While this is two cuts, the problem is that there are now two equal servings. the problem calls for two equal pieces.

And I think I have the solution, need to think some more to decide if it is true for all cases...

Not with a measuring tape or ruler. Just aligning with an X on a rectangle should be allowed.

Oh, ok-- I figured that was expressly forbidden. I was assuming that "measuring" could only be done by making a cut-- hence, if you wanted to (say) find the midpoint of the cake, you could do so by making two cuts along the diagonals of the cake. Which of course reveals your midpoint, but wastes your two cuts.

Certainly if you allow that you can make marks on the cake by way of tracing lines and whatnot, I think that your solution works very well. In fact, it will work as a solution no matter WHAT the angle of the slice is, even if it's at a rakish angle in the middle or towards the edge of the cake. And... it only uses *one* cut.

Hm. Makes me think that there really is a different solution that necessitates two cuts, but does not require making marks or measuring of any kind-- just requires the cutter to be able to accurately cut in a straight line.

DaveE

Identify two intersecting lines, one that divides the cake diagonally, and one that divides the missing rectangle diagonally.
Cut on these two intersecting lines.
There are now four pieces of cake.
(I think) the sums of the pairs of opposing pieces have equal volume.

Hm, I don't think that one quite works-- try this with an inordinately wide but skinny slice, cut out near one side. IE, something like this:

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DaveE

Dave,

You are correct, my third solution does not work.

My fourth idea did not work either.

If there are two such holes in the cake, you can cut the cake into two pieces of equal volume with a single cut and you do not need to measure anything to determine how the cut is to be made. It doesn't matter whether the holes touch the edge of the cake or whether the holes intersect each other or whether the edges of the holes are parallel to the edges of the cake. The only assumption is that the cake and the holes are right rectangular prisms. The solution is hidden:

Determine the three points which are the centers of the cake, and of each of the two holes. This is done by finding the intersection points of the diagonals. Given three points, there is a plane that contains all three. Cut the cake along this plane.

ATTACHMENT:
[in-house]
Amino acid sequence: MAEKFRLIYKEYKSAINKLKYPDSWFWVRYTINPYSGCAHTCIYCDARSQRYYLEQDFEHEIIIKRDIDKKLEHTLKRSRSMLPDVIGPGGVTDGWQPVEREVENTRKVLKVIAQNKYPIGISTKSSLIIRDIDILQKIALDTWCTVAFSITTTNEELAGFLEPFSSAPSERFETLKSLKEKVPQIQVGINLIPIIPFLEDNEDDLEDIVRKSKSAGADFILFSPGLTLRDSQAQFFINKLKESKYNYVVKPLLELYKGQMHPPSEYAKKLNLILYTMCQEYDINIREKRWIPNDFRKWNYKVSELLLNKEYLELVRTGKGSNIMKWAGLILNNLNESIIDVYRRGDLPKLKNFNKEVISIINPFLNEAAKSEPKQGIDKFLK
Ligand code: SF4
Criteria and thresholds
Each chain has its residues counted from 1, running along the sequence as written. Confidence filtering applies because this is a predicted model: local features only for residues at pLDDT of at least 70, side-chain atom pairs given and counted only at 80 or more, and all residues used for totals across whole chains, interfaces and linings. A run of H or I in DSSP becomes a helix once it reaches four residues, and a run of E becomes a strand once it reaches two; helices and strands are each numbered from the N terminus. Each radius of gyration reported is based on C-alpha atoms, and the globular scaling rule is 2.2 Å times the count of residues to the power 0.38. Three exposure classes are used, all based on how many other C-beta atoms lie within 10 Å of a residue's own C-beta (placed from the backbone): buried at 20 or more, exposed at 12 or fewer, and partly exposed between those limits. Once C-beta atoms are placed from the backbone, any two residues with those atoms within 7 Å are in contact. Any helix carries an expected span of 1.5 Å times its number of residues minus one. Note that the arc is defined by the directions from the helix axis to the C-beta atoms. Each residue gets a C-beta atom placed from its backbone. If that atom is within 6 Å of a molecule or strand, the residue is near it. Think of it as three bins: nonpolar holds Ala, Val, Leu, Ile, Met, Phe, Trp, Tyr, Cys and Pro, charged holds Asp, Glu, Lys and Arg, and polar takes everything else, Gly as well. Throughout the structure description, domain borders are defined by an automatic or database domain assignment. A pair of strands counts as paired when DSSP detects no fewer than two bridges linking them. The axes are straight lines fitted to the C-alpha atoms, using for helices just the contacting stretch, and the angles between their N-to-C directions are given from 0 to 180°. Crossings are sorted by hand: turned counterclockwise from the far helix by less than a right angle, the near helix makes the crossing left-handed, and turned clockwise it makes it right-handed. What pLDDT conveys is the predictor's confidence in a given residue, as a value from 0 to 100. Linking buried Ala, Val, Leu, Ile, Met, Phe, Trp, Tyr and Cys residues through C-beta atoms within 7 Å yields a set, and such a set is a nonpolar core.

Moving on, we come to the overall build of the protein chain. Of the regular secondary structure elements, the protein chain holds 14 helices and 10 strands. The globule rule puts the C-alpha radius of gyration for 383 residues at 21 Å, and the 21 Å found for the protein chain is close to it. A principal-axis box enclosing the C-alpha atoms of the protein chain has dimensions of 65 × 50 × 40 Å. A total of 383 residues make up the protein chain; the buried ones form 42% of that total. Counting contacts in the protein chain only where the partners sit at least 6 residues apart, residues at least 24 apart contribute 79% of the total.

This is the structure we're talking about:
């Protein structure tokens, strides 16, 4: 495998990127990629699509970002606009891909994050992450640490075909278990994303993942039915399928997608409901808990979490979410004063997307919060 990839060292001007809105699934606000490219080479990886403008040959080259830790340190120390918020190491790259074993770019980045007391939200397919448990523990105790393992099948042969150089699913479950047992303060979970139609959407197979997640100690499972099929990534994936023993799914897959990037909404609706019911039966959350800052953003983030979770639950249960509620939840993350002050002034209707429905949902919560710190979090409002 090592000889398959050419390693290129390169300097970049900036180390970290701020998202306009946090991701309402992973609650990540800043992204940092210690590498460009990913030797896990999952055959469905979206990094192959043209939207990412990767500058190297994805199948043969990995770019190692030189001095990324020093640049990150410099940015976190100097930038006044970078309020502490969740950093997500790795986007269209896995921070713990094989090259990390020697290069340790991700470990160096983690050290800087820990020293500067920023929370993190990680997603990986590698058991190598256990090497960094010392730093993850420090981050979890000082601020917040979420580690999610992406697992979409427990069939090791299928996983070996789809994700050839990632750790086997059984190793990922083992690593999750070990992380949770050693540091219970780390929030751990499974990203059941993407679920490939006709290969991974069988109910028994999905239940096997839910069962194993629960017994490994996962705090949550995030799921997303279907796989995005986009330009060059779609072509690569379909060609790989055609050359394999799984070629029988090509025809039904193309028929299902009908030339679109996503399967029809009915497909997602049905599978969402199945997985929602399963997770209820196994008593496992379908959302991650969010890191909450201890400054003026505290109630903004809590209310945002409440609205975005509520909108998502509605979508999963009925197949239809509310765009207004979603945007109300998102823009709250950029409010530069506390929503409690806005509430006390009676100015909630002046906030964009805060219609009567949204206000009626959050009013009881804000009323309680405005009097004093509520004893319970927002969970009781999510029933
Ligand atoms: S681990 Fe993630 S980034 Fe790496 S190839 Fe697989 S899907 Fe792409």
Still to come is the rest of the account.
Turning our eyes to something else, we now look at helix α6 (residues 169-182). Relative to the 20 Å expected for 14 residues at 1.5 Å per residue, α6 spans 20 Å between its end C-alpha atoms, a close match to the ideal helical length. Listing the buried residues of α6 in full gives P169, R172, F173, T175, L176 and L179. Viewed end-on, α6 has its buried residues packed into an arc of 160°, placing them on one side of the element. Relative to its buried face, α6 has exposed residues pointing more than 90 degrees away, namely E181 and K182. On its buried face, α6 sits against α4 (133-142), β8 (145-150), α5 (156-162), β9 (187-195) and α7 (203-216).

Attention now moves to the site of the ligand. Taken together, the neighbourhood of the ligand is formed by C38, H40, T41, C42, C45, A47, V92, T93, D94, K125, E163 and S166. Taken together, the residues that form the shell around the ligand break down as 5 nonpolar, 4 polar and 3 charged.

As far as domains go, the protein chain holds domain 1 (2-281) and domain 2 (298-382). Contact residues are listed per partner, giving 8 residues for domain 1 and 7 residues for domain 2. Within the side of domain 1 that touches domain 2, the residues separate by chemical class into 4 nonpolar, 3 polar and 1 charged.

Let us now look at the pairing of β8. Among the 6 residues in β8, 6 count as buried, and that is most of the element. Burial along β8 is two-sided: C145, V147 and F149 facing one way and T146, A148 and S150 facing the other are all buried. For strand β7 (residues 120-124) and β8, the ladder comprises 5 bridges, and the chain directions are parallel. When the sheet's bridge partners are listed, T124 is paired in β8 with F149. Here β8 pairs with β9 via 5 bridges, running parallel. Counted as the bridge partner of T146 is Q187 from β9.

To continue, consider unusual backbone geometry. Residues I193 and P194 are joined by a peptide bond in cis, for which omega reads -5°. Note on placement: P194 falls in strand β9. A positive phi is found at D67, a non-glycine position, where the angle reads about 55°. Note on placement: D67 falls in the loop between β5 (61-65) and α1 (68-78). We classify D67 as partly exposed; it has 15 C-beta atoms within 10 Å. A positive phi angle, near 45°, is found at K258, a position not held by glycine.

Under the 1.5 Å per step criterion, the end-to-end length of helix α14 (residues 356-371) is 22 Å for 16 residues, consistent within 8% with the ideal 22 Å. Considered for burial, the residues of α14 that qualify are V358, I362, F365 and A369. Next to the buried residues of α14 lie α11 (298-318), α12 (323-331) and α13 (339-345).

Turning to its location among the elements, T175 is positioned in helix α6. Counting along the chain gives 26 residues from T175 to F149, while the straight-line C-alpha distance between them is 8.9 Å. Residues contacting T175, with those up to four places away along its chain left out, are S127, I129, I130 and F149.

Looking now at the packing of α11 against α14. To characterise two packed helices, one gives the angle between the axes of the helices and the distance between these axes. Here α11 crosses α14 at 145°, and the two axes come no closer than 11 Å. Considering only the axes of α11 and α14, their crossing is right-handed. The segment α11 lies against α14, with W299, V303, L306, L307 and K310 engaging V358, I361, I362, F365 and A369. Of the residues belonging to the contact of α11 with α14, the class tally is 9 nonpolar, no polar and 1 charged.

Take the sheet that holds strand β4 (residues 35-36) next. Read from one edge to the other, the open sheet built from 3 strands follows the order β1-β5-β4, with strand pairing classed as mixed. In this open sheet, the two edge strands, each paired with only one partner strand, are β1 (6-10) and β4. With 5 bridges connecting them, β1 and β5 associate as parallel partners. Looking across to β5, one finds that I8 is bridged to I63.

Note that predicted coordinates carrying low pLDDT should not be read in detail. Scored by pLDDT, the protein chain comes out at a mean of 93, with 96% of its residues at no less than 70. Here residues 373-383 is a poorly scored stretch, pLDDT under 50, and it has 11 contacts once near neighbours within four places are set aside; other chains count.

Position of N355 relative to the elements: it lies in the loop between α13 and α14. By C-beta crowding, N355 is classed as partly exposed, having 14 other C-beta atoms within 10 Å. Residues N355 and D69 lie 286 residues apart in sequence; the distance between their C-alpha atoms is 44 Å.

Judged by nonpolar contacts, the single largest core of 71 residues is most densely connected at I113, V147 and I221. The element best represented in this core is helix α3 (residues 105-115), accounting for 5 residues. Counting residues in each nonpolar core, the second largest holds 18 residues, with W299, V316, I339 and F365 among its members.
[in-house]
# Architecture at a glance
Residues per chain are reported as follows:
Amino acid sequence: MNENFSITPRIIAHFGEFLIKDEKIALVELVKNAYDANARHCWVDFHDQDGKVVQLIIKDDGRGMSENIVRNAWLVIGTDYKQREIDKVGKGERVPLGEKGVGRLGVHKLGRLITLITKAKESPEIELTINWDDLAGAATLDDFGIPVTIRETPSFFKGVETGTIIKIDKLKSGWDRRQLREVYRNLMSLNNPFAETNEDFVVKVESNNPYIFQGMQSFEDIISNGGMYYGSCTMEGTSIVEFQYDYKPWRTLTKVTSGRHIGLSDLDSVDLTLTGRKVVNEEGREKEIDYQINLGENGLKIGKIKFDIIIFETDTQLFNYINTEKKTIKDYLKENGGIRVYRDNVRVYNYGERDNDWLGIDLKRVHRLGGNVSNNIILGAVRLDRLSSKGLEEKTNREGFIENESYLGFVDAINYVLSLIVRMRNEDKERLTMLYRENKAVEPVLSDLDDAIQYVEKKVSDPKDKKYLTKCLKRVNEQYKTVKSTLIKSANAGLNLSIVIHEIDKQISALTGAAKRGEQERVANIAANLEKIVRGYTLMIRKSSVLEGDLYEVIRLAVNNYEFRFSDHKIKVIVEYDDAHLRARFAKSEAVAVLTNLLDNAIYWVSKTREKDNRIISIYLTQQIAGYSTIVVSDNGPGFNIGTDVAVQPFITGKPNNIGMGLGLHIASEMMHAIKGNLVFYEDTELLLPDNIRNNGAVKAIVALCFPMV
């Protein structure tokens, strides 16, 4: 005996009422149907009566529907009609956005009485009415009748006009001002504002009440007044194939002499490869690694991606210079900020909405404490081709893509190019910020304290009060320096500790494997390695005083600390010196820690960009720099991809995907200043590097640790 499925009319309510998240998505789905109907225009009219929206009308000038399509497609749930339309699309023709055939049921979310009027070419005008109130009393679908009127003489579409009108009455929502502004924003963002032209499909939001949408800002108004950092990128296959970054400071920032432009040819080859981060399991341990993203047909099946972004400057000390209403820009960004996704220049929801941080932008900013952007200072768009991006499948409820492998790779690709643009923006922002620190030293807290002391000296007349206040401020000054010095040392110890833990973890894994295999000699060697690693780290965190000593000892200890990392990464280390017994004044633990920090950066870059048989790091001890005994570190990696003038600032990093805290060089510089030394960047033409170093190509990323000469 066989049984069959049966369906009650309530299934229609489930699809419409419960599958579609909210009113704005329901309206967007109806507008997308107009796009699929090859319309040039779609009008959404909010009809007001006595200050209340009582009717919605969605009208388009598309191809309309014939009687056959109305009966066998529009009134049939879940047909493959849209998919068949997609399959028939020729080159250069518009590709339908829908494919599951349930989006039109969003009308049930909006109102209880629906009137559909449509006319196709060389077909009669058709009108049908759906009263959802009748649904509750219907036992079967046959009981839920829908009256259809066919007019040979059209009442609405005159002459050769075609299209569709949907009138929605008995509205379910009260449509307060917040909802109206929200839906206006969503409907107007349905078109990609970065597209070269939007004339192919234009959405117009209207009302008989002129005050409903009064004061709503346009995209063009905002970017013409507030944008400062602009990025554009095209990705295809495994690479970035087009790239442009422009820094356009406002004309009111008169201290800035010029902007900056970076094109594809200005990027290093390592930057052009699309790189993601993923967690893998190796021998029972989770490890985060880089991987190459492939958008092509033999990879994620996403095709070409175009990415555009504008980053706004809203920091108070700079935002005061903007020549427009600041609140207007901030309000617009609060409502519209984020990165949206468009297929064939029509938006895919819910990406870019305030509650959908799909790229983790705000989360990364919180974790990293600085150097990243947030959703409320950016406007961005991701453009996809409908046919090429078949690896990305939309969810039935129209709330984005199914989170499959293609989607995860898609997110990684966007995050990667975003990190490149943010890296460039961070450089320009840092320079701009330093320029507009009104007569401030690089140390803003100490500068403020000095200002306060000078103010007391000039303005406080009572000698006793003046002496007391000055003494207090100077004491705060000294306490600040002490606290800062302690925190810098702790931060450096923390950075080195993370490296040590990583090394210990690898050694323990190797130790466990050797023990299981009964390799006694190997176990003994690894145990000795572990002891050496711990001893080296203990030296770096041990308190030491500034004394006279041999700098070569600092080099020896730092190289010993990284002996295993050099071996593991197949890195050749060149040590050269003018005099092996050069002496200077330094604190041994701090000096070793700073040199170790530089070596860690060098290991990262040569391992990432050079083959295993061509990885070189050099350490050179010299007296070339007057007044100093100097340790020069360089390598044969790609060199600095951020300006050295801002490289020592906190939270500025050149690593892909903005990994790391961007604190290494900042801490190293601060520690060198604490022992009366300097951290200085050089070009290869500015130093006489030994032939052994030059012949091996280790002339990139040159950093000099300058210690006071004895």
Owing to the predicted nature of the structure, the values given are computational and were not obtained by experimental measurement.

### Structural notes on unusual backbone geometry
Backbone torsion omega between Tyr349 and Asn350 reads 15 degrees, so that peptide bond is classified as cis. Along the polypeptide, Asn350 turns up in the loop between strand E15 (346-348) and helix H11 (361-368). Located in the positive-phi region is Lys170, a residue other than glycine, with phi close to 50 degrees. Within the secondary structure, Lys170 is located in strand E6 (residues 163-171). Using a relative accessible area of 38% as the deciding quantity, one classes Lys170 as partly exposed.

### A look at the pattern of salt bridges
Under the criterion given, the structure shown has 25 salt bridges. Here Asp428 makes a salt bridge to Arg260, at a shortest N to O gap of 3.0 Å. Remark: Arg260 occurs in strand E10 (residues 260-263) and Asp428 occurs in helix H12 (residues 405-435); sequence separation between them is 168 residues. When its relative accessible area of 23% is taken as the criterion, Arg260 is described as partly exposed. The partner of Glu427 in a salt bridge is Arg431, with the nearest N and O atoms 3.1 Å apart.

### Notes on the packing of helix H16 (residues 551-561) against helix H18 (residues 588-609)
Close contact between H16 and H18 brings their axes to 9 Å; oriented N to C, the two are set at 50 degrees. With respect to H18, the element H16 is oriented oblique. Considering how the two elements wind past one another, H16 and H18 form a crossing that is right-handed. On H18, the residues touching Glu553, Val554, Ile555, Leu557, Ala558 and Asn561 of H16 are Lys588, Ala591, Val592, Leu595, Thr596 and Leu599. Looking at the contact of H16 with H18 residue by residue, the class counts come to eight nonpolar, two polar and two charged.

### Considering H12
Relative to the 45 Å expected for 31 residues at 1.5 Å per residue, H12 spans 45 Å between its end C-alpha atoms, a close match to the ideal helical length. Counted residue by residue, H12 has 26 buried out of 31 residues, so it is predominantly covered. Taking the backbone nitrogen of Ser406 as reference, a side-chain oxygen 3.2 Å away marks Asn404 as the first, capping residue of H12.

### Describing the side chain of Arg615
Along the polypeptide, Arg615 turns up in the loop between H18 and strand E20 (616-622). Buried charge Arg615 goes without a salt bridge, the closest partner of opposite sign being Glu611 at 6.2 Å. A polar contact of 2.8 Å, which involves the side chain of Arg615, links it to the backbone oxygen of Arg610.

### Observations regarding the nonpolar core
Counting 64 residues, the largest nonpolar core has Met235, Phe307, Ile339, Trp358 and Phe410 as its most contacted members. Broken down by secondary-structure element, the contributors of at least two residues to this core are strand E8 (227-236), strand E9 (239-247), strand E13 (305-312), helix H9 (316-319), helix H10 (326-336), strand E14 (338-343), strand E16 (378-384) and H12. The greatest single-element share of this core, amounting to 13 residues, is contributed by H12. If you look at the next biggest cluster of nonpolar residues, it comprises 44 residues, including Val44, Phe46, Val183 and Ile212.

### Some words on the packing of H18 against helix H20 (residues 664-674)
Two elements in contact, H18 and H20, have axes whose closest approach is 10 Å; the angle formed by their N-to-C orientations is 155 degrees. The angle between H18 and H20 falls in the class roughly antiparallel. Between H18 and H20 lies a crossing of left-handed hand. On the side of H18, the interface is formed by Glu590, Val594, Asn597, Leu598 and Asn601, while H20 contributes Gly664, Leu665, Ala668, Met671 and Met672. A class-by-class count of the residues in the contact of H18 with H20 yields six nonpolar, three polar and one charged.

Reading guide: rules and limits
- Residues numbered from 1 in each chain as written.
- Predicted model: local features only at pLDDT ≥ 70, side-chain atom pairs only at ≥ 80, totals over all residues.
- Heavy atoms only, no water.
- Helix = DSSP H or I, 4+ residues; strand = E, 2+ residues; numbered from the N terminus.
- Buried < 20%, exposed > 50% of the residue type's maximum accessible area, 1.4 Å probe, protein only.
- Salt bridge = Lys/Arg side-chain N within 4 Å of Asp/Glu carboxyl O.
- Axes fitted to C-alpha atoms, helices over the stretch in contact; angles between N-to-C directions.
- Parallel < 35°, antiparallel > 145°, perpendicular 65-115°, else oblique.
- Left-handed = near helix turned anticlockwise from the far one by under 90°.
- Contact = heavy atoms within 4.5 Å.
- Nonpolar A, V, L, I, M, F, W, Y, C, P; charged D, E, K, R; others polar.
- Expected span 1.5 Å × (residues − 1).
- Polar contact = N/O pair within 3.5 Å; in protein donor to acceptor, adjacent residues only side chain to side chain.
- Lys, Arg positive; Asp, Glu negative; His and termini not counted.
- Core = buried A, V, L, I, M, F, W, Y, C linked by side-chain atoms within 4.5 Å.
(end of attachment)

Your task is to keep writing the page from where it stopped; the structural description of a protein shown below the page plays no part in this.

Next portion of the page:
eom

Hehe This one is fun. I think this is the answer (hiden text):

The first solution was really close. ok first of all you need 2 cuts to make 2 equal volumes. So each cut will only make a line in the cake. Put the cuts together to make a strait line through the cake of 2 equal volumes. The cake is not cut it horizontally, but vertically (through the side of the cake.) This will leave you with an identical top and bottom half ;).

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The first solution was really close. ok first of all you need 2 cuts to make 2 equal volumes. So each cut will only make a line in the cake. Put the cuts together to make a strait line through the cake of 2 equal volumes. The cake is not cut it horizontally, but vertically (through the side of the cake.) This will leave you with an identical top and bottom half ;).

How is this different from the first "wrong" solution that jim.nastics posted?

DaveE

Basicly you have to use 2 cuts, "Using two separate cuts, divide the cake into two equal (volume) pieces". The first wrong solution states only 1 cut. I also must admit I missed (did not read) the first 2 wrong answers before I posted.

DaveC426913
Gold Member
Is it safe to make the following deduction?

The cuts must result in only TWO pieces of cake.

The only possible way to meet both these criteria is that the cuts, while they may START at an edge of the cake, they cannot END at an edge. This leaves only two possible end-points for each cut. They must end either in the hole or each other (or a combo of the two).

Hm. Maybe the opposite is more succinct: No cut can begin AND end on a cake edge.

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DaveC426913
Gold Member
There is an ambiguity in the question IMO.

When you have the cake in two equal volume pieces, is that NO MORE THAN two pieces? You can't recombine smaller pieces to make one larger piece?

Is it safe to make the following deduction?

The cuts must result in only TWO pieces of cake.

The only possible way to meet both these criteria is that the cuts, while they may START at an edge of the cake, they cannot END at an edge. This leaves only two possible end-points for each cut. They must end either in the hole or each other (or a combo of the two).

Hm. Maybe the opposite is more succinct: No cut can begin AND end on a cake edge.

The cuts can both start and end on an edge. Take a knife put the point in the middle of a Cake now press down. You should have a line in the cake. Change your angle (probably want to change by 180 degrees) put the point in the middle again and press down. You have cut the cake in half with 2 cuts both started on top and went through to the bottom.

Change your angle (probably want to change by 180 degrees) put the point in the middle again and press down.
I like this solution. Since the cake can easily be cut into two pieces of equal volume with a single cut, all that remains is to split that single cut into two cuts.

DaveC426913
Gold Member
The cuts can both start and end on an edge. Take a knife put the point in the middle of a Cake now press down. You should have a line in the cake. Change your angle (probably want to change by 180 degrees) put the point in the middle again and press down. You have cut the cake in half with 2 cuts both started on top and went through to the bottom.